Skip to content

Canadian Urbanism Uncovered

Headlines / À la une : 2007.09.20

Read more articles by

À la une est une selection hebdomadaire de nouvelles concernant l’espace publique de Montréal. Il paraîtra tous les mercredis.

Headlines is a weekly selection of news stories about public space in Montreal. It will appear every Wednesday.





Do you have a story to share with us? Let us know!

Pour encore plus de nouvelles montréalaises, visitez le Montreal City Weblog de Kate McDonnell.


  1. I am a member of Montreal’s Anglo minority and just read “Anglo Survival in Peril” in the Montreal Gazette. Although I was born in this city and spent my entire life here, I feel like I never had a home. Most store employees and other service providers speak no English or refuse to do so on purpose. I can’t even count on police officers and firefighters to speak enough English to communicate with me. Many of the French people treat Anglos like second class citizens and make them feel like trespassers. The animosity between Anglos and the French majority is upsetting and even frightening.

    People planning to move to this province have to realize that they won’t be able to get jobs or even carry out day-to-day tasks like shopping unless they know French. They can always change their minds if they feel they can’t meet the language requirements. But it’s unfair to force French on people like me, who were born here before the French nationalist movement started and counted on Quebec to be a democratic province where their rights as Anglos would be respected.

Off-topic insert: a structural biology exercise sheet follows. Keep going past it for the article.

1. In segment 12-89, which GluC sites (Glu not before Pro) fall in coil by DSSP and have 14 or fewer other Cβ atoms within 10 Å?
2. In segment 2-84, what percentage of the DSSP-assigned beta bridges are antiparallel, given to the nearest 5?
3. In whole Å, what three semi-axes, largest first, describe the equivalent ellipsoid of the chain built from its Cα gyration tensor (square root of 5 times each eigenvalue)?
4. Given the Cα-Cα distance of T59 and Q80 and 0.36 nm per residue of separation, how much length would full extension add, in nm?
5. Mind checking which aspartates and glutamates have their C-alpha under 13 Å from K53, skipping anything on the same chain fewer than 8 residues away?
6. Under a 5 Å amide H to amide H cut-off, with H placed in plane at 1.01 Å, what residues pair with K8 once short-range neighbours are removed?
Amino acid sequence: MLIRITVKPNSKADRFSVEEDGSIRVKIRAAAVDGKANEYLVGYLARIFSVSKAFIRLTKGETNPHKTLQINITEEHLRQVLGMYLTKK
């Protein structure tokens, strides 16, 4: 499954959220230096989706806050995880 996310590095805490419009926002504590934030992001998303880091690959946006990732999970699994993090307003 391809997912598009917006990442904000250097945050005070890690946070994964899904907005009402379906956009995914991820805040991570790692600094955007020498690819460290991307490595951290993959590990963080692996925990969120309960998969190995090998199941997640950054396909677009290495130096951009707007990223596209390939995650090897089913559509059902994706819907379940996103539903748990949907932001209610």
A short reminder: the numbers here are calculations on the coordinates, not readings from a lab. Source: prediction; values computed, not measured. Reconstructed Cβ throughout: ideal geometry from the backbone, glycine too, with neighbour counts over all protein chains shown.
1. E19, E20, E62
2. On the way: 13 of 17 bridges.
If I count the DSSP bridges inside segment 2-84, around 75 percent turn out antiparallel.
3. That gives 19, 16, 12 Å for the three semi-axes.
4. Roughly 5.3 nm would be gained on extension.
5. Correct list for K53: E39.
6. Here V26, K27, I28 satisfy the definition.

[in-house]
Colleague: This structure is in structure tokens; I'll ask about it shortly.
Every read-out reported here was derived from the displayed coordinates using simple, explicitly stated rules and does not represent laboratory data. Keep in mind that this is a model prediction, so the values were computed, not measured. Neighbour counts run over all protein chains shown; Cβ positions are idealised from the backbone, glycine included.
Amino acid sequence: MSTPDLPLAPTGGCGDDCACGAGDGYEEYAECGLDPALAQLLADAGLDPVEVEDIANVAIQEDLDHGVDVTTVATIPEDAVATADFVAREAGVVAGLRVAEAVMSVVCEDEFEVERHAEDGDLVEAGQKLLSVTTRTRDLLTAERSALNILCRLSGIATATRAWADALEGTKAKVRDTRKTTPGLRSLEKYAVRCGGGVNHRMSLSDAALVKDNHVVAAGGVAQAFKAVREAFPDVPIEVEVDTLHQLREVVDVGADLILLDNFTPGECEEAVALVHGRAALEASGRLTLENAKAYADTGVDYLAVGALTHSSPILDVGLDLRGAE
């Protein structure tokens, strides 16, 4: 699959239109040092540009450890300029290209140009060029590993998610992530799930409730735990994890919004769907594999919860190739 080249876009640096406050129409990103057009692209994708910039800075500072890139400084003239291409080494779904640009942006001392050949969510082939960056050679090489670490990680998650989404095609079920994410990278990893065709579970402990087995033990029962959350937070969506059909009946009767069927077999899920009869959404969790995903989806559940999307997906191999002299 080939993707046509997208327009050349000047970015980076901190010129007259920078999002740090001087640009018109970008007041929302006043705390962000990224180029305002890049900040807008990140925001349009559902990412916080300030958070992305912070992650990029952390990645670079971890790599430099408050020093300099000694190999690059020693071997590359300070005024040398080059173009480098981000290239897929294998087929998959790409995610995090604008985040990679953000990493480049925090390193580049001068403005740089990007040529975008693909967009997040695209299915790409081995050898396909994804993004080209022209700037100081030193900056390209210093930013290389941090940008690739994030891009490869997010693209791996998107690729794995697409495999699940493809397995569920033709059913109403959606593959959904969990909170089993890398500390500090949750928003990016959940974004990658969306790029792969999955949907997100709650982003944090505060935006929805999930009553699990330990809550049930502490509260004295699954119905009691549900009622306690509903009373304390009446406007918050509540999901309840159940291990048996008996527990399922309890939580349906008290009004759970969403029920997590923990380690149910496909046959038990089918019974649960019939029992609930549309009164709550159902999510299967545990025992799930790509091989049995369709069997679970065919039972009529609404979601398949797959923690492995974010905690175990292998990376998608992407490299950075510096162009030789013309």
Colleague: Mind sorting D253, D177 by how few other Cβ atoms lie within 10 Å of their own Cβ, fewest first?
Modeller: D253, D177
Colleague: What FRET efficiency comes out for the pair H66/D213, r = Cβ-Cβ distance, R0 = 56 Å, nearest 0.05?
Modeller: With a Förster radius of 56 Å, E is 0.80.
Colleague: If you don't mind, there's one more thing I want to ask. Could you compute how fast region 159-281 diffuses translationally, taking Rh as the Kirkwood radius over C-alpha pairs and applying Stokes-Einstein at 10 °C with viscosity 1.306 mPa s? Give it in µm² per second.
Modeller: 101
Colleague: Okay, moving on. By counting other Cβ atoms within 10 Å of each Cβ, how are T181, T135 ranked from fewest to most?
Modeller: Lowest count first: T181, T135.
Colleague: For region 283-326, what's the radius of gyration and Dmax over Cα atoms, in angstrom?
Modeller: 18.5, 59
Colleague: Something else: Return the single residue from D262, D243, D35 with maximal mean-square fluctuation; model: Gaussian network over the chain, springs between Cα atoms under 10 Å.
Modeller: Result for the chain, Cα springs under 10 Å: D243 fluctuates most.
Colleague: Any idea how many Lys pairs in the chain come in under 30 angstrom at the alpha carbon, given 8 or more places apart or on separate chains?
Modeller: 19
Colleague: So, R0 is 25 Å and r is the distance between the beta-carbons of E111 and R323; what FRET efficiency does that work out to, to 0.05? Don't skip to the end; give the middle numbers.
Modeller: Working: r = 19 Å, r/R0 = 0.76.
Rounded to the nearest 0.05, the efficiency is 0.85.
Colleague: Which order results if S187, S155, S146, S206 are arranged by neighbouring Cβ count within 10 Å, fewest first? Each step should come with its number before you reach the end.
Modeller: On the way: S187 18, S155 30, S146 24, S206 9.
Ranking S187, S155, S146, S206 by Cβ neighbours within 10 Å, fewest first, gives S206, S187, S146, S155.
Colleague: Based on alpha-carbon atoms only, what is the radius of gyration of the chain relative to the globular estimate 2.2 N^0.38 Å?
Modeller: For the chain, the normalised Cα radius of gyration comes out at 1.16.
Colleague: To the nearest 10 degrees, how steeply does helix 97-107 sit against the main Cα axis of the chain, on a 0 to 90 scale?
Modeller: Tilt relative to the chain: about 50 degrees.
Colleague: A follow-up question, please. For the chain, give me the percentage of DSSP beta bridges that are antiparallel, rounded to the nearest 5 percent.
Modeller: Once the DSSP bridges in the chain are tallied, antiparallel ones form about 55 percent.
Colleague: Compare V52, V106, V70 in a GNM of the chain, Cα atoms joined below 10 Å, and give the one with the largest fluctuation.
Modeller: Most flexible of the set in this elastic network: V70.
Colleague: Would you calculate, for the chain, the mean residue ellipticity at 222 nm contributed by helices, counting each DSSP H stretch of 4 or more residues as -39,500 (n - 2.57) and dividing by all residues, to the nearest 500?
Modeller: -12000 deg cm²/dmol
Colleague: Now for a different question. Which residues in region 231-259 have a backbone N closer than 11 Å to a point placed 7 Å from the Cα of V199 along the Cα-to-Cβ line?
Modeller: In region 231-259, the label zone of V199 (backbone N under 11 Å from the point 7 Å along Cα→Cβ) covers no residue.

I have a neurological disorder that affects my ability to learn certain skills like foreign languages. Trying to master French is a frustrating exercise in futility. Thanks to that same condition, I don’t have the means to relocate and am stuck here. I feel violated and trampled on by the French majority.

    Over the years I watched a number of activists and organizations fight for Anglo rights, only to realize they were fighting a losing battle, give up and even leave the province. I am also let down by the wimpy politicians who do nothing but make fools of themselves instead of standing up for us. We need people who can put up a solid fight and stick with it until they win us back the rights we lost.

    Marla Comm

  2. I really don’t know what to say, Marla, because my experience is very different. Although I am fairly fluent in French, my girlfriend isn’t, but she hasn’t had any problems with being served in English.

    You say that “most store employees and other service providers speak no English” but I don’t find this to be the case. I am curious to know where you live. In most of central Montreal, I find that English is not only widely available, it actually predominates in many areas. On Park Avenue, where I live, most store employees speak more English than French.

    Even though I’m bilingual, I nonetheless spend 90% of my life in English. I’ve never had problems speaking with police officers, firefighters, Hydro-Quebec employees, etc. in English. In fact, the last time firefighters came to my place, after the fire alarm in the building next door went off, they didn’t even speak French to me… they started off in English!

  3. Christopher, you are just lucky. Many people I know, including my father, complained of the same problem when he went to stores like Loblaws and even the IGA in the Cote St. Luc mall near him.

    I also live in Cote St. Luc but travel to various parts of the island to do food shopping because the shopping in my area is very limited.


Leave a Reply

Your email address will not be published. Required fields are marked *